Open Forum

School Vouchers

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The issue on the table – are school vouchers a good idea for our community?

In his State of the State address, Governor Bill Lee asked the Tennessee General Assembly for $25.4 million for Education Savings Accounts (ESAs – formerly known as school vouchers) and $12 million for a charter schools investment program. ESAs would provide approximately $7,300 in public money to eligible students who wish to attend private schools, home schools, or other approved alternatives. At that level of funding, approximately 3,400 students from across the state could participate in the ESA program.

Questions to Consider

  • Are school vouchers a net positive for a community?
  • How effective are voucher programs when it comes to students education and achievement?
  • Does this divert money and resources away from public schools?
  • How will this impact our county and city budgets?
  • Is the Lincoln County Board of Education stance on vouchers the right one for our community?

Before You Share Your Thoughts

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In short, show kindness, respect, and civility to everyone that you talk to in this conversation. Don’t automatically assume their viewpoint or intentions. Community discourse requires thoughtful, open, and civilized debate. That happens best when we’re human to each other. 

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Once you’ve thought over what you want to say, join the conversation in the comments below!

11 comments on “School Vouchers

  1. Christina

    Can an example of a school system that does use vouchers be provided along with the benefits or downfalls?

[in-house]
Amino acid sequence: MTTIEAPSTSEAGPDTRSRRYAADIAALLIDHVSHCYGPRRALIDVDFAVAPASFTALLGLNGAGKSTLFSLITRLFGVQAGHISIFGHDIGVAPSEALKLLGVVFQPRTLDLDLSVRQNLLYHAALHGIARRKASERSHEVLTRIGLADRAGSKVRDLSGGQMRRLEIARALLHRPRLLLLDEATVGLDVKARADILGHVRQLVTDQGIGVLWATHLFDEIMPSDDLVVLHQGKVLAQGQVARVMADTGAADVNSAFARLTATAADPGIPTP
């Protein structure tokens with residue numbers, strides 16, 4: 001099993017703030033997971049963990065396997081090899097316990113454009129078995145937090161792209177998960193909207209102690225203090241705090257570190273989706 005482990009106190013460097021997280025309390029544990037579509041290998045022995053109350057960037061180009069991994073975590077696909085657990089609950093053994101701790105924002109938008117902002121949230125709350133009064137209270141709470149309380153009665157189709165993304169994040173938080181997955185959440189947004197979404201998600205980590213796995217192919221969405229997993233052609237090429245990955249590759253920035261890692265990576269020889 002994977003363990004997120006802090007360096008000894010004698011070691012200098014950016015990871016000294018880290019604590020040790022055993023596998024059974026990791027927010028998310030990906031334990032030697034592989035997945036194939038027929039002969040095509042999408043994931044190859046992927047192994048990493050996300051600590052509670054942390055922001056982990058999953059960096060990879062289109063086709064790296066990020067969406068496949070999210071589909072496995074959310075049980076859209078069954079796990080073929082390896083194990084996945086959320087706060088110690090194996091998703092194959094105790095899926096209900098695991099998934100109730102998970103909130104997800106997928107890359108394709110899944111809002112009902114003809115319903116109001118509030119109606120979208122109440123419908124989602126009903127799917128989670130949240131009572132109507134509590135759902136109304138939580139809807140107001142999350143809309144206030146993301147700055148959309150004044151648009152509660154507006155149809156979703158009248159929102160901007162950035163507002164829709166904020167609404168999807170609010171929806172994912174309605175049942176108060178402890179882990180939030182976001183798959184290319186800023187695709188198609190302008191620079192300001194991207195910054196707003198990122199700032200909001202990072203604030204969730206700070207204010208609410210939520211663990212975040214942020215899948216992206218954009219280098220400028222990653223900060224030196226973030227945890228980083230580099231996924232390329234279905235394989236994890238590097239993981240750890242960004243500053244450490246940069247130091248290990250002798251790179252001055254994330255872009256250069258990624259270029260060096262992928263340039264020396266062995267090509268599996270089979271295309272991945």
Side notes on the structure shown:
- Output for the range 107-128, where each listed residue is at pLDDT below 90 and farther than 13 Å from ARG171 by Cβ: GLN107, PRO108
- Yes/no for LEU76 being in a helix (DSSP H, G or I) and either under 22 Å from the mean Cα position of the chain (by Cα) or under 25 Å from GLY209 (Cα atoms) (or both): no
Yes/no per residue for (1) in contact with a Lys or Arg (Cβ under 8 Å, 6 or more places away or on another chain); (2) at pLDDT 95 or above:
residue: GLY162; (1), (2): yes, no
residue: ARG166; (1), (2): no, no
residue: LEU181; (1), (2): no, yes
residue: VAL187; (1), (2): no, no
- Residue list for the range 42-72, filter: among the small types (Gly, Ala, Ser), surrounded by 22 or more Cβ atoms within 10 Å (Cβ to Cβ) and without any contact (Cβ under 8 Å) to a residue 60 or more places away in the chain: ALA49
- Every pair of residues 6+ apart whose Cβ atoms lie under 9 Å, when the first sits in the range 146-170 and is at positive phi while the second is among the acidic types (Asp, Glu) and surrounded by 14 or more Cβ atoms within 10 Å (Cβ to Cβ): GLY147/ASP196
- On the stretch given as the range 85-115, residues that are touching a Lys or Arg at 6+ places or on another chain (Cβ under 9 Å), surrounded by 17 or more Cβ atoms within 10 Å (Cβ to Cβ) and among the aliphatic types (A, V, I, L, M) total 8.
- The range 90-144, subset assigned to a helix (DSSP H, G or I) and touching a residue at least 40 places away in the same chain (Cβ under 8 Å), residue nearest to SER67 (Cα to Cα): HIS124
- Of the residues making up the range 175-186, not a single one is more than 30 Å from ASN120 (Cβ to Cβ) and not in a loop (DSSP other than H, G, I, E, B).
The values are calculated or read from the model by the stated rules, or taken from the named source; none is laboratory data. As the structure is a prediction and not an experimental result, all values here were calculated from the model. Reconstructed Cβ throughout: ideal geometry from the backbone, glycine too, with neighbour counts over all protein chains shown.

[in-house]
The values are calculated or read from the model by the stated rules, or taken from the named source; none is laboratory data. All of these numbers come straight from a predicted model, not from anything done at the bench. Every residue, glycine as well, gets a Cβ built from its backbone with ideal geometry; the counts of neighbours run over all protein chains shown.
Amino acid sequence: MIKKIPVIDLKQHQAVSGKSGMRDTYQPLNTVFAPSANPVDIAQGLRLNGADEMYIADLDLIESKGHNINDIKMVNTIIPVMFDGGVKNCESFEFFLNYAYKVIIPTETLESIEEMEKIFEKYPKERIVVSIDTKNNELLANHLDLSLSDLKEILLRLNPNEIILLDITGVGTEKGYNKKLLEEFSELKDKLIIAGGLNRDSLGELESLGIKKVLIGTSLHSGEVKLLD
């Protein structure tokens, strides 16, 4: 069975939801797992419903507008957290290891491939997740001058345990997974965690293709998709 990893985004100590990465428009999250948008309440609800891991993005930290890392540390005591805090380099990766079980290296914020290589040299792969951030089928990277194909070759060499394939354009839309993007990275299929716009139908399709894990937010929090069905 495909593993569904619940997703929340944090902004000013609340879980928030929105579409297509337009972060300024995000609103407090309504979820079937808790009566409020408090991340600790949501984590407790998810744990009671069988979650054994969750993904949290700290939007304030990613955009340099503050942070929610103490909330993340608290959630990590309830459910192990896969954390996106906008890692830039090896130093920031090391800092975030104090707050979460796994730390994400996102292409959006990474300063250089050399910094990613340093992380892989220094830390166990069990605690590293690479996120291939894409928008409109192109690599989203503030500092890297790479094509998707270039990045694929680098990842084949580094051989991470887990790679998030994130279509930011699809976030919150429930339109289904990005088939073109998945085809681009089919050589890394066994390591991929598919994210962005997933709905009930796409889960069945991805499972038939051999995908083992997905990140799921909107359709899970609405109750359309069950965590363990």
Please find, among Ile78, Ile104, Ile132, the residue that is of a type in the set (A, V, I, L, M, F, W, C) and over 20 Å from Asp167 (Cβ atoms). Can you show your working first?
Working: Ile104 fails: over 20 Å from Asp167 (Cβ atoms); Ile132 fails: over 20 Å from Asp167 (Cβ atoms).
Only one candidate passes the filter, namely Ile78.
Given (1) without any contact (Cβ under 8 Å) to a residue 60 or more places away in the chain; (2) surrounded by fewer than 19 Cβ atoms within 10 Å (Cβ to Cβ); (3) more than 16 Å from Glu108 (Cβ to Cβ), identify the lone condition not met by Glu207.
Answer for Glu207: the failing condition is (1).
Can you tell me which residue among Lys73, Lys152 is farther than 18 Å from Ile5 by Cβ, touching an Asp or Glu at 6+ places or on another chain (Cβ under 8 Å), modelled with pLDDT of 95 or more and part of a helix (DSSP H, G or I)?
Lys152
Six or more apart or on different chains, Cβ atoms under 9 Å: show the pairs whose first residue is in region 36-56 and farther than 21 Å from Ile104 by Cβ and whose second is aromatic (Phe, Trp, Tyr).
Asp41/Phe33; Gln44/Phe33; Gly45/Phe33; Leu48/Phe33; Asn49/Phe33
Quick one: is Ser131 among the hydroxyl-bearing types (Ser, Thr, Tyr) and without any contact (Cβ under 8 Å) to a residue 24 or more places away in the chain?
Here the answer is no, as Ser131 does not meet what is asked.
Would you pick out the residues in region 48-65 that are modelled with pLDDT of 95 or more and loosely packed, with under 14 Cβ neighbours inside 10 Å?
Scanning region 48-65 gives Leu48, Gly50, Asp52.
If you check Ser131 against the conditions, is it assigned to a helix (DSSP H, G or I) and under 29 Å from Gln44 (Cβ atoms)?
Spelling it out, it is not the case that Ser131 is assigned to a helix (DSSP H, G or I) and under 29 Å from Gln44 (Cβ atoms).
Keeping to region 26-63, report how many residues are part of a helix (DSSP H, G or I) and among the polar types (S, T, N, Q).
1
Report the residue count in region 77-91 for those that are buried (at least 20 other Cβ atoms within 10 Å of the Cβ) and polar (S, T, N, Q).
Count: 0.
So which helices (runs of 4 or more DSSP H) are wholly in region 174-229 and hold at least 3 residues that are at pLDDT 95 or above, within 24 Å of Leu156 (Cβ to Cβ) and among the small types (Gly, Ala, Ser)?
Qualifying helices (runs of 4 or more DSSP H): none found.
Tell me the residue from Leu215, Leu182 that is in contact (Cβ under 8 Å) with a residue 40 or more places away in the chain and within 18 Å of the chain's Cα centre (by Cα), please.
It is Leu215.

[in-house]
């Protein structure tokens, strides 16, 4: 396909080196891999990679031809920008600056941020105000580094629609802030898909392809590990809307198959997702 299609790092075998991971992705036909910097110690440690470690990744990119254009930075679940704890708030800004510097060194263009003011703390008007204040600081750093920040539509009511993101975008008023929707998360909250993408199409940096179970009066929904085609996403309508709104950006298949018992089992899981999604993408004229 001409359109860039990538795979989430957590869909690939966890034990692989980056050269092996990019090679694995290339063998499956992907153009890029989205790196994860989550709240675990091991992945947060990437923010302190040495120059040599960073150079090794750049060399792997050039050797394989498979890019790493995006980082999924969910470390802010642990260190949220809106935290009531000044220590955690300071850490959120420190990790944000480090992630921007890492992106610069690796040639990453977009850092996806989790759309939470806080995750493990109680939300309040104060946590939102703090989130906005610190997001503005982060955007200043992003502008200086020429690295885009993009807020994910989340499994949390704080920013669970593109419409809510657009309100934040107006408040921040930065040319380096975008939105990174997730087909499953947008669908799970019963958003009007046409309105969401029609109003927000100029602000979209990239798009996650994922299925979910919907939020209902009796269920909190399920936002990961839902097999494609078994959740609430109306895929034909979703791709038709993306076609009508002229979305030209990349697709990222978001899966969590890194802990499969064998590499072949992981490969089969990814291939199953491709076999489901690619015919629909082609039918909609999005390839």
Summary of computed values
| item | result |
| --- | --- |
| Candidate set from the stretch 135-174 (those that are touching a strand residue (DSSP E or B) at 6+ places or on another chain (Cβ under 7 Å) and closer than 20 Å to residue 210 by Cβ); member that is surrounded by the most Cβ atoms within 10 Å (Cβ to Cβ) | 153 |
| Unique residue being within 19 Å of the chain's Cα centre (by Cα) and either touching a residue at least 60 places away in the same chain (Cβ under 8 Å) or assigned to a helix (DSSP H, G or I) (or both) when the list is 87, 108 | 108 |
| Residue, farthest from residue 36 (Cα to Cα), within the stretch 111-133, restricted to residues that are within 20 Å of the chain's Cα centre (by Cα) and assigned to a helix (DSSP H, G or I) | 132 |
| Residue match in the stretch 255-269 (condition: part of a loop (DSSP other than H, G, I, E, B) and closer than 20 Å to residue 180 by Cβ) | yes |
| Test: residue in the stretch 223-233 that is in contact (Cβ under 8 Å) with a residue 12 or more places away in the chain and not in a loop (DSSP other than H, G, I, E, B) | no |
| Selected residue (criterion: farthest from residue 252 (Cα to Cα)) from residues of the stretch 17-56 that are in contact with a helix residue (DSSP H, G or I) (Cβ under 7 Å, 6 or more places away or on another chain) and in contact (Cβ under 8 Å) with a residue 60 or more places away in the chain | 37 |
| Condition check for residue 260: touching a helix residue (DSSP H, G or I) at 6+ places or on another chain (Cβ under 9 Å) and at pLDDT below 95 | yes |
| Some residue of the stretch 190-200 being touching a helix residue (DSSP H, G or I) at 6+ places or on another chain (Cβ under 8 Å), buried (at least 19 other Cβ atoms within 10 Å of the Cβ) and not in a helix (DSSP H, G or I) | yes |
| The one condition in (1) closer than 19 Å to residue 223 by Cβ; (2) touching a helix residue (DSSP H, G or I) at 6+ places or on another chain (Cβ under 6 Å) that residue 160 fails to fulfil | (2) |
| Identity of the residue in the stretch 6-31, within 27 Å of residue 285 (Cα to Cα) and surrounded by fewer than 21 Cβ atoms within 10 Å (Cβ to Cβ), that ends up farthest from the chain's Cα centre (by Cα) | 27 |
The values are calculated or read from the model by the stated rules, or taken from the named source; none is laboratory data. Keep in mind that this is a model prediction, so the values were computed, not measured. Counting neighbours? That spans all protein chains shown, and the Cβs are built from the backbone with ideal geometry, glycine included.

2. Having enrolled my kids in both public and private schools, I end up agreeing with our BOE. We need to be increasing funding for our schools, not diverting our taxpayer dollars into private schools where we lose accountability and transparency.

  3. Atlee T.

    If the right accountability standards were put in place, it’s worth trying. The private school accepting those ESAs would need to be as transparent as any public school. I’d want to see regularly published updates on their finances, testing, and all the other data that a public school provides. Maybe this $25 million for 3,400 will help iron out the accountability and transparency concerns.

  4. Patrick Jones

    I saw this letter from Will Pinkston, a member of the Nashville School Board, and thought it was something good to add to the conversation.

    Over the past couple of months alone in Nashville, we’ve learned:

    * New Vision Academy, a charter school celebrated by the Tennessee Department of Education and the State Collaborative on Reforming Education (SCORE), is under federal and state investigations into academic and financial irregularities. After endangering students by operating in violation of local fire codes, New Vision abruptly closed — but only after sponging millions of dollars from state and local taxpayers and fleecing at least $125,000 from the state’s charter facility fund.

    * LEAD Academy, a charter school that aggressively advertises “100 percent acceptance” to college, for years told students they had to first be admitted to a college or university before they’d be granted a high school diploma — potentially a violation of federal civil rights law. Sending students on a forced march to college, when many of them are unprepared and eventually drop out, is contrary to your interest in supporting kids who instead want to pursue career and technical education.